Face shields are not a replacement for face coverings, but may be worn with a face covering for additional protection. Employees may be exempted from wearing a face covering due to a medical condition, mental health condition or disability, but then shall wear an effective non-restrictive alternative “such as a face shield with a drape on the bottom.”
Employers also must ensure that employees physically distance from each other, even when they have face coverings, unless it is impossible to do so. Employers bear the burden of establishing to OSHA that it was impossible to implement social distancing.
Other requirements include establishing engineering controls (such as installing partitions that reduce aerosol transmission), administrative controls (including cleaning and disinfecting procedures), and ensuring that employees use PPE (including but not limited to gloves, eye protection and respiratory protection).
The ETS require employers to prepare, implement and maintain a written COVID-19 Prevention Plan, either as part of an existing IIPP or maintained in a separate policy. Further details on the contents of the plan can be found here. The DIR also has provided a model COVID-19 Prevention Plan available for download via its FAQ page here.
Employers must respond to COVID-19 cases by (1) determining when the COVID-19 case was last in the workplace and which employees were exposed, (2) notifying employees of any potential exposure within one business day, and (3) offering testing to potentially-exposed employees at no cost and during the employee's working hours. Testing must ensure the confidentiality of employee information. The employer also must investigate the exposure, including whether workplace conditions could have contributed to the exposure and how to correct the exposure.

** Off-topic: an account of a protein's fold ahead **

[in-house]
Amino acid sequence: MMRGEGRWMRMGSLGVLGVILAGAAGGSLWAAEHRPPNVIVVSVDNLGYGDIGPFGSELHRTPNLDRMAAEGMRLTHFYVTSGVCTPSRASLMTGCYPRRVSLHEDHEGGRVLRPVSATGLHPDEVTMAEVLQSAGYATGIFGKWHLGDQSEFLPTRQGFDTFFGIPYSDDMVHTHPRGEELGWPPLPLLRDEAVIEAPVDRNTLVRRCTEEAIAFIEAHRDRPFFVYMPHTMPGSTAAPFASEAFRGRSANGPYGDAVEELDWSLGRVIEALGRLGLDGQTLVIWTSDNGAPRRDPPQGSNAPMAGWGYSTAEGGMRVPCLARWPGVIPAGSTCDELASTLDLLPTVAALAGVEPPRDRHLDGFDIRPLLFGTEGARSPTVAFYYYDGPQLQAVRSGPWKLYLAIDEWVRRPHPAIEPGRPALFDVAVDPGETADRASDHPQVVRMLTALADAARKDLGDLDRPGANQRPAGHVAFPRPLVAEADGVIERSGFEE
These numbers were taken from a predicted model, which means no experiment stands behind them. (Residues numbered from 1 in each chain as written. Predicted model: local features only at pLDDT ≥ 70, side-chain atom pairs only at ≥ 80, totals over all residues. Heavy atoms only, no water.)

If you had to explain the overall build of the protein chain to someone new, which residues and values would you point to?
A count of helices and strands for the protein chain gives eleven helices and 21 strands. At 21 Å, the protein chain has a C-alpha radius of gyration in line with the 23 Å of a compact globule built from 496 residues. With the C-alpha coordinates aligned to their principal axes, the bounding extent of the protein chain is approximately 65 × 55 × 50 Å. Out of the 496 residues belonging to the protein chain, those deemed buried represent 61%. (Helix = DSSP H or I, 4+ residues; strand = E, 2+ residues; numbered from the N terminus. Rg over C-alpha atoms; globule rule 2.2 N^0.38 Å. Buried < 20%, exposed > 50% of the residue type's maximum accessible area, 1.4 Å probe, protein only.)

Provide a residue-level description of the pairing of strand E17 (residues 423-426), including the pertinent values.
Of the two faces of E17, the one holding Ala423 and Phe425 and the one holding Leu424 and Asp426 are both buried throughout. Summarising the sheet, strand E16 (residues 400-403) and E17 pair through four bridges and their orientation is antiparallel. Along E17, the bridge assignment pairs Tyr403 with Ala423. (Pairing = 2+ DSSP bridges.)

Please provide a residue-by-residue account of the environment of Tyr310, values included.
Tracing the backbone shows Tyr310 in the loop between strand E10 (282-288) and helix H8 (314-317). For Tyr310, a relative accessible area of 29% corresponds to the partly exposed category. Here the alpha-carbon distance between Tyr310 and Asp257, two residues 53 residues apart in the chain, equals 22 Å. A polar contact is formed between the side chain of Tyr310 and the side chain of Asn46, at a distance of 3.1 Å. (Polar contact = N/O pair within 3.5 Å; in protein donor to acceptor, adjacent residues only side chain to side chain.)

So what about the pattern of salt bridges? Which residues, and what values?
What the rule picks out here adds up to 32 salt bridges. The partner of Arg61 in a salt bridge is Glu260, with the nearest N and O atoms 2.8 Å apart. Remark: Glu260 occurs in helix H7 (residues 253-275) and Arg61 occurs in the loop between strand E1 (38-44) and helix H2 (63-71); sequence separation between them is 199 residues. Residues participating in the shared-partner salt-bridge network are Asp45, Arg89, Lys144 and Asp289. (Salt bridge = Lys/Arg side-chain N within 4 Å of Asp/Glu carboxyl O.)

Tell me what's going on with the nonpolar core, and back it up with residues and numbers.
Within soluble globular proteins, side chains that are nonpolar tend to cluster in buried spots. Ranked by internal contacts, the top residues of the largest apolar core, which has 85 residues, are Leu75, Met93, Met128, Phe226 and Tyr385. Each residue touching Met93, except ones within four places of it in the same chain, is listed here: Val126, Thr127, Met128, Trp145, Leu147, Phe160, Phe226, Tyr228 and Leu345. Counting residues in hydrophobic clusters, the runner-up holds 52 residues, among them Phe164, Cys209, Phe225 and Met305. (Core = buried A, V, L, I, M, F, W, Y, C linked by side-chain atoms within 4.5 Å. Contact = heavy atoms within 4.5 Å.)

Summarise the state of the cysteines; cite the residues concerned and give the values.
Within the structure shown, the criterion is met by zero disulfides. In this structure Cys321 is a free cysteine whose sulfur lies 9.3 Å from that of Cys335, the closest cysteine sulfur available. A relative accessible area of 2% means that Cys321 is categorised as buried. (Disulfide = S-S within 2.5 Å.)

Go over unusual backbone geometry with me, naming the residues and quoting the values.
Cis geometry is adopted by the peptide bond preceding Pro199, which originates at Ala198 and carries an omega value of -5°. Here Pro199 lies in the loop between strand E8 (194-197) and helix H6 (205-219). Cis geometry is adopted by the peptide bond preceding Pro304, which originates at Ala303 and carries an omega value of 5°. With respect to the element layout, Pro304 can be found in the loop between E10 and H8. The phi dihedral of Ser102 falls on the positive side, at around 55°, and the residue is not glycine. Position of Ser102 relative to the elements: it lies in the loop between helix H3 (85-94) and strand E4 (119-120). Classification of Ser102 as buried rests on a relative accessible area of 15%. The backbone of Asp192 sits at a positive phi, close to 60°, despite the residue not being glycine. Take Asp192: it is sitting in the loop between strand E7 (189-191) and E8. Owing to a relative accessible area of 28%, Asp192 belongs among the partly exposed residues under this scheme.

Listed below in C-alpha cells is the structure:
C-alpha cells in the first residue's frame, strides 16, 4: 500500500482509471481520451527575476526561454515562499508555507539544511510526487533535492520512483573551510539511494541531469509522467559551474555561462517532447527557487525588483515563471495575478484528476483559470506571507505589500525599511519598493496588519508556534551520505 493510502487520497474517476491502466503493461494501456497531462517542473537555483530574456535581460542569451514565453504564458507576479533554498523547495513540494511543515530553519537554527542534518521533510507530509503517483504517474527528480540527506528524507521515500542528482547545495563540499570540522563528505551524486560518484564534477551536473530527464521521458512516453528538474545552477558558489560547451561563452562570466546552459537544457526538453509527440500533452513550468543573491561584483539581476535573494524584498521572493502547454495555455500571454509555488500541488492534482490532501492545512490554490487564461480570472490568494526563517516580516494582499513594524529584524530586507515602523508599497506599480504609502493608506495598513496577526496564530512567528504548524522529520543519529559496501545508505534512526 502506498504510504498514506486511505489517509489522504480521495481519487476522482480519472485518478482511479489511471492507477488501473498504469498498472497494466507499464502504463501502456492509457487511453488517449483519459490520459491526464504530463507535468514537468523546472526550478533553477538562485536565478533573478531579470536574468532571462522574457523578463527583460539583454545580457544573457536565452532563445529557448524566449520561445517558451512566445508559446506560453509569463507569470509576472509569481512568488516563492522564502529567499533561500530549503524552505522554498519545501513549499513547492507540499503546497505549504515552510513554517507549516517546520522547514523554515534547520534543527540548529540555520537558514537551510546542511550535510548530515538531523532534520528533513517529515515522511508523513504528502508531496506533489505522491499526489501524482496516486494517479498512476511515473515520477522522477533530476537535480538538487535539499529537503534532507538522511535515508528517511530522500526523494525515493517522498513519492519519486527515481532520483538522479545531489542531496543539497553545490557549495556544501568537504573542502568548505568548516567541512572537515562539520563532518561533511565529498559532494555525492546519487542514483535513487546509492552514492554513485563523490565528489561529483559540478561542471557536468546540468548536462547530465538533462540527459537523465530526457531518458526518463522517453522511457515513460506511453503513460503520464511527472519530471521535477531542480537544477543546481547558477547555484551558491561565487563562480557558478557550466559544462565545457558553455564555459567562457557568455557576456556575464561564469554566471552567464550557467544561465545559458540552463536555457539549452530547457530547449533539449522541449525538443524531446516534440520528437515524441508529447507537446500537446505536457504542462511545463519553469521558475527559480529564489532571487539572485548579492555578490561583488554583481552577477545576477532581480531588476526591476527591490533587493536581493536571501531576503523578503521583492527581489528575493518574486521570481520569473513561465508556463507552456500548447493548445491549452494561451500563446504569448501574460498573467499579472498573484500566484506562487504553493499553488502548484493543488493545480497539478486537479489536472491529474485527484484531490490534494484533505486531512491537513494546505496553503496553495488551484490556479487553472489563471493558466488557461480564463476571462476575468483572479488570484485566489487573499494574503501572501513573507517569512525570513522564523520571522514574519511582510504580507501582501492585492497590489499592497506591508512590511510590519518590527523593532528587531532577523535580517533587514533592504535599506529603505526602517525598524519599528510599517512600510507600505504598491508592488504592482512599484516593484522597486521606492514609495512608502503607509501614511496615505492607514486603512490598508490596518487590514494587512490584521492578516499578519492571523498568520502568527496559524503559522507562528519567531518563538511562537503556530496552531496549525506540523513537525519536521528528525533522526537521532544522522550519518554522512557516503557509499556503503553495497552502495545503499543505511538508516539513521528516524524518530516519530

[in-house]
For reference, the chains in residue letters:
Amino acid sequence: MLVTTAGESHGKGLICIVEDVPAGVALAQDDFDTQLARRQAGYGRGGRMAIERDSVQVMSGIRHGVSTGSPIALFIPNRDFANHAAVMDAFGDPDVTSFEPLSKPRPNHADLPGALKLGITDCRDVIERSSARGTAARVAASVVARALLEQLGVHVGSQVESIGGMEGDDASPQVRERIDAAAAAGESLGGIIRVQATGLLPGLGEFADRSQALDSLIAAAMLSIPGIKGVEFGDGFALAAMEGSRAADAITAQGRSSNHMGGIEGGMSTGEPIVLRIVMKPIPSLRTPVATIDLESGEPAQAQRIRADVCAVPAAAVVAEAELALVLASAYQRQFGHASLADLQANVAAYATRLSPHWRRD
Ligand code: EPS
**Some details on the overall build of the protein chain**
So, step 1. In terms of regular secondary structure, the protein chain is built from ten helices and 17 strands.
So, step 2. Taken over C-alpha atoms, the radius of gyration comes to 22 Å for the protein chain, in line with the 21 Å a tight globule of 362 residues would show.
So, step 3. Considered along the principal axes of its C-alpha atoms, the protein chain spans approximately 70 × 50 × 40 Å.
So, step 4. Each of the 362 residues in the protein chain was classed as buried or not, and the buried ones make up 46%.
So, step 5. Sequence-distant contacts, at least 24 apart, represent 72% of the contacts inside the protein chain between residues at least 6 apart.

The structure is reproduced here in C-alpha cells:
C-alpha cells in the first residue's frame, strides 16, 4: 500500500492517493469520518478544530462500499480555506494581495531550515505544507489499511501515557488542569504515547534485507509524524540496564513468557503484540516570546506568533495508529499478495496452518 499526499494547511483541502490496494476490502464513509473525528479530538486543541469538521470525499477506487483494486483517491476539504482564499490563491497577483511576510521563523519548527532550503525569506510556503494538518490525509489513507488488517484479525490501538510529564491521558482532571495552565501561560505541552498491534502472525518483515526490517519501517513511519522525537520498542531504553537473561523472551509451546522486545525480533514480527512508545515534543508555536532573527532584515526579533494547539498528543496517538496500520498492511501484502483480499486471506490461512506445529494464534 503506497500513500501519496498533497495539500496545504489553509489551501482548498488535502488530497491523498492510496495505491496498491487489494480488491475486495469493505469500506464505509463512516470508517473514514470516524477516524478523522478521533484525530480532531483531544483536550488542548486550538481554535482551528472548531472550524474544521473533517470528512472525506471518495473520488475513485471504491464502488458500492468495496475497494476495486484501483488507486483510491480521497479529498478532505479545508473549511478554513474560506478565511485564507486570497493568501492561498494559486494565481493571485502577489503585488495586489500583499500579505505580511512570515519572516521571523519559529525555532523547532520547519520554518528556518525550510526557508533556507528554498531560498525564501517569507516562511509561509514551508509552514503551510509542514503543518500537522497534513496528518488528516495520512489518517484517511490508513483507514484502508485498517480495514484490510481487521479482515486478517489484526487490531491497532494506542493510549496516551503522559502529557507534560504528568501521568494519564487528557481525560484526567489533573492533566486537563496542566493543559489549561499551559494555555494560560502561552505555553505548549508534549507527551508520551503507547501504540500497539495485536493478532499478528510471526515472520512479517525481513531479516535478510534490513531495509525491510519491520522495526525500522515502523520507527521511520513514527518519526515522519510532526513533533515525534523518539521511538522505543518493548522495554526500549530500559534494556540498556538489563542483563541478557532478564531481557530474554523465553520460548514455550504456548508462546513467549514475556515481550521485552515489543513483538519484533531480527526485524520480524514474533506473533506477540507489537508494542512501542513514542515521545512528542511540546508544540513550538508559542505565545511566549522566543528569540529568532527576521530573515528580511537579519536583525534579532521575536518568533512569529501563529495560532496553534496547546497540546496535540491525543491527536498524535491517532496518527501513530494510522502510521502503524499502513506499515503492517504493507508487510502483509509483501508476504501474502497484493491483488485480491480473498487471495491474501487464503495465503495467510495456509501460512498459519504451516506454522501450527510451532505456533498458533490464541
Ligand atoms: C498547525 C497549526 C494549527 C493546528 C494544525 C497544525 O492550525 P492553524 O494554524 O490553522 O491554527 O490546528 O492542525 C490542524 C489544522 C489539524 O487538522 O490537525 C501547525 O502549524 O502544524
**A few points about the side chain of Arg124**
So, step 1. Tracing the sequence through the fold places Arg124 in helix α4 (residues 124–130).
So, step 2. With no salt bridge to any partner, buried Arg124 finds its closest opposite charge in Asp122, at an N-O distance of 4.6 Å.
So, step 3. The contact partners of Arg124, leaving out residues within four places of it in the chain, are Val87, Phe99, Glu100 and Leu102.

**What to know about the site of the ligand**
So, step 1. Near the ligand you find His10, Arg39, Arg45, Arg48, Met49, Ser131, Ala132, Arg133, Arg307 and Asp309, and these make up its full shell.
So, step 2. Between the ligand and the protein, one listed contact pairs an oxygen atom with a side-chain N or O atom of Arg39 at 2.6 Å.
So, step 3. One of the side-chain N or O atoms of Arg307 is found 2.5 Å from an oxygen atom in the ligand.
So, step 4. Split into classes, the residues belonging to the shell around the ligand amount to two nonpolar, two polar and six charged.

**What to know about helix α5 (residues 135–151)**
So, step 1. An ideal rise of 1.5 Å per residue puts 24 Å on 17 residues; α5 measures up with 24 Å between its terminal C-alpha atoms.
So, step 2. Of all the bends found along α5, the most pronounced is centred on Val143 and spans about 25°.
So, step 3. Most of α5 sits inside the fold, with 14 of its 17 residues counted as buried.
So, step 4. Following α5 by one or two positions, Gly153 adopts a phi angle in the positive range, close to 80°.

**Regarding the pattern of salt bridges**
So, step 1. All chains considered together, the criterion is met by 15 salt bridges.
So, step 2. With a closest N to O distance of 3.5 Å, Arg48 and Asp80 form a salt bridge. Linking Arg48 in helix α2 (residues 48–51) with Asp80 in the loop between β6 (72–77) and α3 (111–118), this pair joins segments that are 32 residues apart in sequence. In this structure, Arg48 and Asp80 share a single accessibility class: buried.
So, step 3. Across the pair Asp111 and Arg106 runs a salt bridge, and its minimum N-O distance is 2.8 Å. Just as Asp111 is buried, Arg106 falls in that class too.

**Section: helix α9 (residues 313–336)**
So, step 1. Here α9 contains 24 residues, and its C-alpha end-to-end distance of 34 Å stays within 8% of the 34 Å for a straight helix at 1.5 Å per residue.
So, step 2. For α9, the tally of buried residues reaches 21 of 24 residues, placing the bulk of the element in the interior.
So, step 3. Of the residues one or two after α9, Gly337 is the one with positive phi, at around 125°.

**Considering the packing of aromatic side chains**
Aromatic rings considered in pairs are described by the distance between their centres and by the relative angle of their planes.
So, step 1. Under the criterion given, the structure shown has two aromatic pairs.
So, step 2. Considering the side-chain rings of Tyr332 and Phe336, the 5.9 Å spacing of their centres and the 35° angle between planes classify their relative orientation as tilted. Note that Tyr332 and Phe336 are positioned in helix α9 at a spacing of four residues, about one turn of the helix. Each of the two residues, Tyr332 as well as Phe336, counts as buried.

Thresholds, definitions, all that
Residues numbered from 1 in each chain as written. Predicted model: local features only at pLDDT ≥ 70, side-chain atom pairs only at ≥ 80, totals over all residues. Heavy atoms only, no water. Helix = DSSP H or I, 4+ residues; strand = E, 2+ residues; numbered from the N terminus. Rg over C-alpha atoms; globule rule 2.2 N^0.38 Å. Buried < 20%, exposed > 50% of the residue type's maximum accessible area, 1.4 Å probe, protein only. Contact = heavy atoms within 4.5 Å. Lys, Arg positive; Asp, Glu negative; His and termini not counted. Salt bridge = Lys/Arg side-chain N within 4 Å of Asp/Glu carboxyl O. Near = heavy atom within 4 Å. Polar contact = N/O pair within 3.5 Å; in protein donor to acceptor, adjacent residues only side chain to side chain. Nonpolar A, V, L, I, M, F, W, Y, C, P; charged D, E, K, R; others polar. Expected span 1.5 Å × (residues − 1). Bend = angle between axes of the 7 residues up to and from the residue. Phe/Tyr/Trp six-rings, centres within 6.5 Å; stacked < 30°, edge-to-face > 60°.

In a COVID-19 “outbreak” (defined as three or more COVID-19 cases in an “exposed workplace” within a 14-day period or where identified as an outbreak by a local health department), the employer must immediately provide testing to all employees in the exposed workplace and exclude positive cases and exposures from work. This testing must be repeated one week later. Additional requirements are imposed in the case of a “major outbreak” (defined as 20 or more COVID-19 cases in an “exposed workplace” within a 30-day period).
The ETS require that employers follow state and local health department requirements, contact the local health department when there are three or more COVID-19 cases in the workplace in a 14-day period, provide information about the COVID-19 cases, report serious occupational illnesses to CAL/OSHA, maintain records, make its CPP available upon request to employees and employees’ authorized representatives, and record and track all COVID-19 cases.
Employers also must communicate with employees on employer policies and procedures, reporting COVID-19 symptoms, exposures and hazards, how to obtain testing for COVID-19, notice of potential exposure, cleaning and disinfection protocols, and how to identify workplace hazards.
Finally, employers must identify, evaluate and correct COVID-19 hazards, including developing and implementing a process for screening employees, reviewing state and local guidance orders on hazard prevention, reviewing existing practices, conducting a site specific evaluations for possible COVID-19 transmissions, conducting periodic workplace inspections and implement procedures to correct hazards.
For questions regarding CAL/OSHA’s Emergency Temporary COVID-19 Prevention Standards or other employment law issues, contact the employment attorneys at LightGabler.